Established as a territory in 1849, Minnesota occupies what was the frontier edge of the old “Northwest”—a remote and distant corner of the Louisiana Purchase. By the 1850s, early settlers relocating from New England brought with them progressive goals for education and parklands, along with urbane tastes in architecture. The result is that the cultural landscape of Minnesota, which became a state in 1858, is a fusion of East Coast styles, including Greek and Romanesque Revivals, with new and pragmatic solutions developed for the Midwest, such as cast-in-place concrete grain elevators and balloon-frame farmhouses.
Minnesota is home to three distinct ecologies: rolling prairies in the south and west, dense coniferous forests in the north, and deciduous hardwood forests in the state’s hilly and unglaciated southeastern corner. Native Americans often traveled through wooded river valleys and trails still identifiable today, creating works such as the Jeffers Petroglyphs, a rock outcropping nestled amidst prairie grasses in southwestern Minnesota. Located at a key trail and trade crossing point, here the first Americans left carvings telling a story spanning more than 7,000 years.
Minnesota’s natural resources were bountiful for settlers from Scandinavia, Germany, Ireland, Finland, and elsewhere. Using granite, limestone, wood, clay, and rivers to move the materials, farmers cleared the prairies and erected farmsteads, such as the George Stoppel Farm in southeastern Minnesota. They also built other structures common to their homelands, like the sauna, which was prevalent in Finnish settlements. Two of the state’s most ubiquitous local stones are the dark, lavender-toned Cold Spring granite from the St. Cloud region and Mankato limestone from southwestern Minnesota, both of which were used extensively in the state and across the country. Cold Spring granite continues to be used for important civic buildings, while the lighter beige Mankato stone features prominently in commercial buildings such as the Minneapolis Central Library and Wells Fargo Center (both designed by Cesar Pelli).
In the northwestern “Arrowhead” region of the state, cities, towns, and roads respond to the rigors of winter, the stunning shoreline of Lake Superior, as well as to the shipping and the mining industries. Once the world’s richest source of iron ore, Iron Range towns showcased a variety of architectural styles. The high-style houses, churches, and office buildings of Duluth, designed by such architects as Bertram Goodhue and Daniel Burnham, were perceived as the pinnacle of urbanity. Buildings like the Glensheen Mansion express the extraordinary wealth created by the iron industry at the dawn of the twentieth century.
The railroad moved settlers into and westward through Minnesota. Small towns throughout the state depended on the railroads for their economic success. Their stations were a source of civic pride and often the first local buildings to be designed by an architect. In Wayzata and Little Falls, the young St. Paul-based Cass Gilbert designed combined freight and passenger stations. Although Gilbert designed dozens of churches, commercial buildings, and houses throughout Minnesota, he also established a national reputation. Trained in the Beaux-Arts method at the Massachusetts Institute of Technology, and deeply influenced by his European travel and his work in the New York City offices of leading American architects McKim, Mead and White, Gilbert significantly shaped the architecture profession in Minnesota. When Gilbert moved back to St. Paul in December 1882 to open an office representing McKim, Mead and White, he brought a new aesthetic vision and professional standards to the young state and helped it move from a practical and apprentice-based system to one that recognized pedagogical developments and national and international stylistic sources. This story is exemplified by buildings like Gilbert’s Minnesota State Capitol and the St. Paul Cathedral, designed by the Beaux-Arts trained Emmanuel Masqueray.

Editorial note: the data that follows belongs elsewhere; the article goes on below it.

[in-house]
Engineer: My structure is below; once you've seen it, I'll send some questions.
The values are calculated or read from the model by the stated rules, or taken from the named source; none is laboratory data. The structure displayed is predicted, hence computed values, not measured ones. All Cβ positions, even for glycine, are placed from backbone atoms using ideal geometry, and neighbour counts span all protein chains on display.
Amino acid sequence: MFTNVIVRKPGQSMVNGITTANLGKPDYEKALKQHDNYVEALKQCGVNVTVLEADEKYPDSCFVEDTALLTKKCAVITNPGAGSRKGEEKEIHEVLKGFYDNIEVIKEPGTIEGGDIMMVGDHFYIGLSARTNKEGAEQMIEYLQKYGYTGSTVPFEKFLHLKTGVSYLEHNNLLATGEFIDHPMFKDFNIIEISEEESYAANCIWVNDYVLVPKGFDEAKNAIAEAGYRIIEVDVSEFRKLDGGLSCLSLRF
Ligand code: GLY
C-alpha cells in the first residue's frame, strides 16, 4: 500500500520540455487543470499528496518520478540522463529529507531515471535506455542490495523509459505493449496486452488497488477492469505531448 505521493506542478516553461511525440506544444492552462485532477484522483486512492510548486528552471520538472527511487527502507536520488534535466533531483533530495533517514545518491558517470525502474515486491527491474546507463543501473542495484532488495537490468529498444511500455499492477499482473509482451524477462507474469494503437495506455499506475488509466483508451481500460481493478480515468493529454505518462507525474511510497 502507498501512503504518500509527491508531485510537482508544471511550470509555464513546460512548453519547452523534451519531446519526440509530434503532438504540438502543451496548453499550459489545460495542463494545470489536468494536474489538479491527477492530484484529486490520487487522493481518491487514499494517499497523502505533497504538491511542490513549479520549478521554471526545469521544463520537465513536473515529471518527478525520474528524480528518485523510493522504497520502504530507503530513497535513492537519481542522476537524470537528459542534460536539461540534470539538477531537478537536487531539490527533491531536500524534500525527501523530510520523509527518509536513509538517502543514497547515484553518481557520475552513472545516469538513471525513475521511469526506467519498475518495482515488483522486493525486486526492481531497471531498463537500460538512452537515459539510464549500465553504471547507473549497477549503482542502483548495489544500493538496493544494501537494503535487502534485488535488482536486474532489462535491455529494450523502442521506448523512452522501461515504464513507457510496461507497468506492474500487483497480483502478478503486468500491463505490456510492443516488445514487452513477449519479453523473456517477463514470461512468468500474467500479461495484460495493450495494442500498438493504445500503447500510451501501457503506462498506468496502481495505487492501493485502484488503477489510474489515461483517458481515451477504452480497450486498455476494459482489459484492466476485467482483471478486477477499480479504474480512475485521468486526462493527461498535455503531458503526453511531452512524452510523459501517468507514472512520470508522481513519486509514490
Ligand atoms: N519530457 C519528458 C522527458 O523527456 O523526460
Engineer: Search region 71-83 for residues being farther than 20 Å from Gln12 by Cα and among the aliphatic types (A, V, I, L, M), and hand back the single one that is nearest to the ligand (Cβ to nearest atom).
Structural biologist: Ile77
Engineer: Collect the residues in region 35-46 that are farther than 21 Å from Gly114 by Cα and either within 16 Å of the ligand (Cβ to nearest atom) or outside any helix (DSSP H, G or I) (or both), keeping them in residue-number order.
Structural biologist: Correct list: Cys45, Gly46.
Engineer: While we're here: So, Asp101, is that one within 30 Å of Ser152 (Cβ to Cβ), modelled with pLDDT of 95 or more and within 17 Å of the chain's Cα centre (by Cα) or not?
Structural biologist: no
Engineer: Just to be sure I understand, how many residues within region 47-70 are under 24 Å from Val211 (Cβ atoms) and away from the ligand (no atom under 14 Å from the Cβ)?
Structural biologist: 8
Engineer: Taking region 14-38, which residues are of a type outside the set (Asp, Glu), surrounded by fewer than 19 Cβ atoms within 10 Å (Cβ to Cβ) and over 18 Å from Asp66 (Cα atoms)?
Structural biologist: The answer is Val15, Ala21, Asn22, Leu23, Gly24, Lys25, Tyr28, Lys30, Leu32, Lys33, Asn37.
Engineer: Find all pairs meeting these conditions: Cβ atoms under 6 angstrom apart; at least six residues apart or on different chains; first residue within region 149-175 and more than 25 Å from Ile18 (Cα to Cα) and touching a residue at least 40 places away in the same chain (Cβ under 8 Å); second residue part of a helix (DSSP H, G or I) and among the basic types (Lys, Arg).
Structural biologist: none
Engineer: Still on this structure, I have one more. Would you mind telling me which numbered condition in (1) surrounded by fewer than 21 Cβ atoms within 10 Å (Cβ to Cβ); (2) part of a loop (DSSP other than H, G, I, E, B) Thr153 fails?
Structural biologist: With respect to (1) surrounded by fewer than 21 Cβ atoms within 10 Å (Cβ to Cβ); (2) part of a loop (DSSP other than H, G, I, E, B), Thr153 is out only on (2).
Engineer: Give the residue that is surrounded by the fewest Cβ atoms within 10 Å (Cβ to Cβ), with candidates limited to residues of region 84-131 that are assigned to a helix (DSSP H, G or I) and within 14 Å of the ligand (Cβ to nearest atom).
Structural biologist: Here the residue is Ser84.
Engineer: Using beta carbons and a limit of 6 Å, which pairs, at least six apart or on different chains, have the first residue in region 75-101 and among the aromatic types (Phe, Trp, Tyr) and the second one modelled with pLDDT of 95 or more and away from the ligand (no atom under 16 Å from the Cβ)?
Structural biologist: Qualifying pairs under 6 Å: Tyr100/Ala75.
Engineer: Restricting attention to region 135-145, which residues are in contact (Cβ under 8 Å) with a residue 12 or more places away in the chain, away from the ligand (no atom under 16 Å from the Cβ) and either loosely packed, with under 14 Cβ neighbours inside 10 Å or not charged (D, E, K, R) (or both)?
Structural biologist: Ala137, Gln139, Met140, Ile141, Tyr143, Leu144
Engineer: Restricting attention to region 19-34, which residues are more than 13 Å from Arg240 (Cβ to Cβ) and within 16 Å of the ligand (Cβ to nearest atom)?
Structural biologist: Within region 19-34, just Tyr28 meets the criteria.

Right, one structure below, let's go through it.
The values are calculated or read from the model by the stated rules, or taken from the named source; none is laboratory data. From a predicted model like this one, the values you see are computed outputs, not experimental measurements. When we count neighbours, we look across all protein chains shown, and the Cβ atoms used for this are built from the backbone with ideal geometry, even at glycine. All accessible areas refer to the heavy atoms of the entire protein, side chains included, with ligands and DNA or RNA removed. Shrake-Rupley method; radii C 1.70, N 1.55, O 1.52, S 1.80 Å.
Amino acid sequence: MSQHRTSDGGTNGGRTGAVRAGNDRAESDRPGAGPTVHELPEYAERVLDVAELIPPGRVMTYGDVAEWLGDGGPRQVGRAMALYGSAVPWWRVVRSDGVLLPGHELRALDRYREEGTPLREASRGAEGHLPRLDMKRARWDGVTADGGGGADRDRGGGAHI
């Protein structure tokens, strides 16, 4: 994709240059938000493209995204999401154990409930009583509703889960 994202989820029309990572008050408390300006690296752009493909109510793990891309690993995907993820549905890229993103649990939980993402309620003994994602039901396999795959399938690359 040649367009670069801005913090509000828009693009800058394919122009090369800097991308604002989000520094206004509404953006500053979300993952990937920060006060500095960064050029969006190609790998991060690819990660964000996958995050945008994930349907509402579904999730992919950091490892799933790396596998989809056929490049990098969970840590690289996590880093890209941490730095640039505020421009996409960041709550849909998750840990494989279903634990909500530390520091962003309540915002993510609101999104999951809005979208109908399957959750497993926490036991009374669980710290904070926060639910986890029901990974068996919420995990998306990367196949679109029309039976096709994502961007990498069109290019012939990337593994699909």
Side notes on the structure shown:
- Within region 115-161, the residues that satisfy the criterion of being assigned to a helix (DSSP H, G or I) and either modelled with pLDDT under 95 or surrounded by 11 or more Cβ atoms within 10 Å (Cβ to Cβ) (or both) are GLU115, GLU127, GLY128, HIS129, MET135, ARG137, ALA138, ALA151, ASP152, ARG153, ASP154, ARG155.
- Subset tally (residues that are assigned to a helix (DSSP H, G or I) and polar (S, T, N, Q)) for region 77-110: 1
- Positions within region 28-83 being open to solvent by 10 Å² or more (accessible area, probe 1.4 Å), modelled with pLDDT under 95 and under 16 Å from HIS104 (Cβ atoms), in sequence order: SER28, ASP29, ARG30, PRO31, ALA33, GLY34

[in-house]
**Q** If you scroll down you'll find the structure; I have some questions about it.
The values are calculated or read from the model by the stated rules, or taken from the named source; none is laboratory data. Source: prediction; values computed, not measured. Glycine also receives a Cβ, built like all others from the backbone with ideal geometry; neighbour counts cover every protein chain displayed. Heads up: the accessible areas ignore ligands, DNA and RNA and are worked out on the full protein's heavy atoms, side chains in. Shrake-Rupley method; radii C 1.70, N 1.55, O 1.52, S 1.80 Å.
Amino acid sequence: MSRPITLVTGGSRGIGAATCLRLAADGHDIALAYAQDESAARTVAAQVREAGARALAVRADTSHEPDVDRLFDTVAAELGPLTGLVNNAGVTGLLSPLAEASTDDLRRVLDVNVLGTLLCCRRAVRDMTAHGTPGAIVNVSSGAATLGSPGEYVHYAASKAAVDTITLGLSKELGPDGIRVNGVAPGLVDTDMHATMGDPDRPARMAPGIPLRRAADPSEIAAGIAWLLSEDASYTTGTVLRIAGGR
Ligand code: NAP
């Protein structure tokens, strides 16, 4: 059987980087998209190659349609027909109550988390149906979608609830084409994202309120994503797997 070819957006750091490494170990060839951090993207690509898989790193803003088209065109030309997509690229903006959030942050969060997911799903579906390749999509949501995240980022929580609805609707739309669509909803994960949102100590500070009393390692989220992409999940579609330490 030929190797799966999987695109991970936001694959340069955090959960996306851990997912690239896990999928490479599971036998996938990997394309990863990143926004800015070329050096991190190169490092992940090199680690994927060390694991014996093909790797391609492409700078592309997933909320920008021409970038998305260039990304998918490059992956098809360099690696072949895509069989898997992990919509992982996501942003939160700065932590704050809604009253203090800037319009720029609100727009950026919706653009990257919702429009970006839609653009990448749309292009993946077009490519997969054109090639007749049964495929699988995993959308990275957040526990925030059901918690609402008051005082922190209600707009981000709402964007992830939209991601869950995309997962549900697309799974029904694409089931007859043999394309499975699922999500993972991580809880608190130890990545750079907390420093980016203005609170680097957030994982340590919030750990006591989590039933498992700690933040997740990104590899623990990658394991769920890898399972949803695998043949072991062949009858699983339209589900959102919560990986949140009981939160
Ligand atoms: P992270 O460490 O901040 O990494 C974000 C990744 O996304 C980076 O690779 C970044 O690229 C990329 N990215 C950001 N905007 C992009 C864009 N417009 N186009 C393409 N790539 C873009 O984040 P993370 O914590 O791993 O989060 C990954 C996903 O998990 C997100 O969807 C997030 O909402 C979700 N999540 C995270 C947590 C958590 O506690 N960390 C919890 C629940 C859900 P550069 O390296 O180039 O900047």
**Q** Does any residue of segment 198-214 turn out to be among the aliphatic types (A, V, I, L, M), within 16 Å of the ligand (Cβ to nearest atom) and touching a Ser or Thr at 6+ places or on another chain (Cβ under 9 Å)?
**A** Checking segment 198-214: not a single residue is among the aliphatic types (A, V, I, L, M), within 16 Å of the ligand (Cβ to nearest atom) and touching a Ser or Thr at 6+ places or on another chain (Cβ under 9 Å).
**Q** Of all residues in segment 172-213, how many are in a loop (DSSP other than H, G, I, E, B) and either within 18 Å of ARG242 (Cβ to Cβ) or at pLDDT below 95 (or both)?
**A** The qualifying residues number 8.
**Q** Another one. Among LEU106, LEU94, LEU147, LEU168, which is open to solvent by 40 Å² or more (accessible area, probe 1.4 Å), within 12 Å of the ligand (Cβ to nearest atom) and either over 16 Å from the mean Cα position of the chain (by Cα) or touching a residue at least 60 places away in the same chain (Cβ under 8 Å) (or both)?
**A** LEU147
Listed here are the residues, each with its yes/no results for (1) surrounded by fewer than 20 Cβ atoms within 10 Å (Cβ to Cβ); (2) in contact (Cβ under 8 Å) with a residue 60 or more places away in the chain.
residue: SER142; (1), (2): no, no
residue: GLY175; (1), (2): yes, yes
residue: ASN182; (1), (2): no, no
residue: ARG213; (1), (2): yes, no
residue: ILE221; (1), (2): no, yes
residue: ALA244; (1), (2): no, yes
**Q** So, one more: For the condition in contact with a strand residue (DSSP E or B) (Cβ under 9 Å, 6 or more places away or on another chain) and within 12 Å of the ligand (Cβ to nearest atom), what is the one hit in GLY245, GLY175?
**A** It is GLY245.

Many key designers in the history of American architecture in the twentieth century have worked in Minnesota, including Louis Sullivan, Frank Lloyd Wright, Eliel and Eero Saarinen, Marcel Breuer, Phillip Johnson, and Frank Gehry. Their work reveals the rise of modernism and postmodernism in a variety of building types, including Sullivan’s National Farmer’s Bank in Owatonna, the Saarinens’ Christ Church Lutheran in Minneapolis, Breuer’s campus for Saint John’s Abbey and University near St. Cloud, and Gehry’s Winton Guest House formerly on Lake Minnetonka.
In recent decades, thanks to changing scholarly interests, there is a new awareness in the state of the impact of, for example, the New Deal on state parks, the effects of racial segregation on automobile travel, and the evolution of postwar suburbs. As a result, Minnesotans now have a deeper understanding of the cultural contexts and character-defining features of long-neglected but important aspects of the state’s built environment. Increasingly, Minnesotans have used historic preservation to bring them back to public awareness. One such example is Peavey Plaza (1976, Hardy, Holtzman and Pfeiffer), a sunken garden in downtown Minneapolis that had become rundown over the years and is currently being restored by landscape architects Coen and Partners after years of controversy and litigation over its historic value. Although significant buildings have been lost to demolition, many have survived the test of time and changing tastes. Whether serving their original purpose or rehabilitated for a new use, such as the Pillsbury A Mill Building, the sheer variety of Minnesota’s architecture lends character to its landscape.
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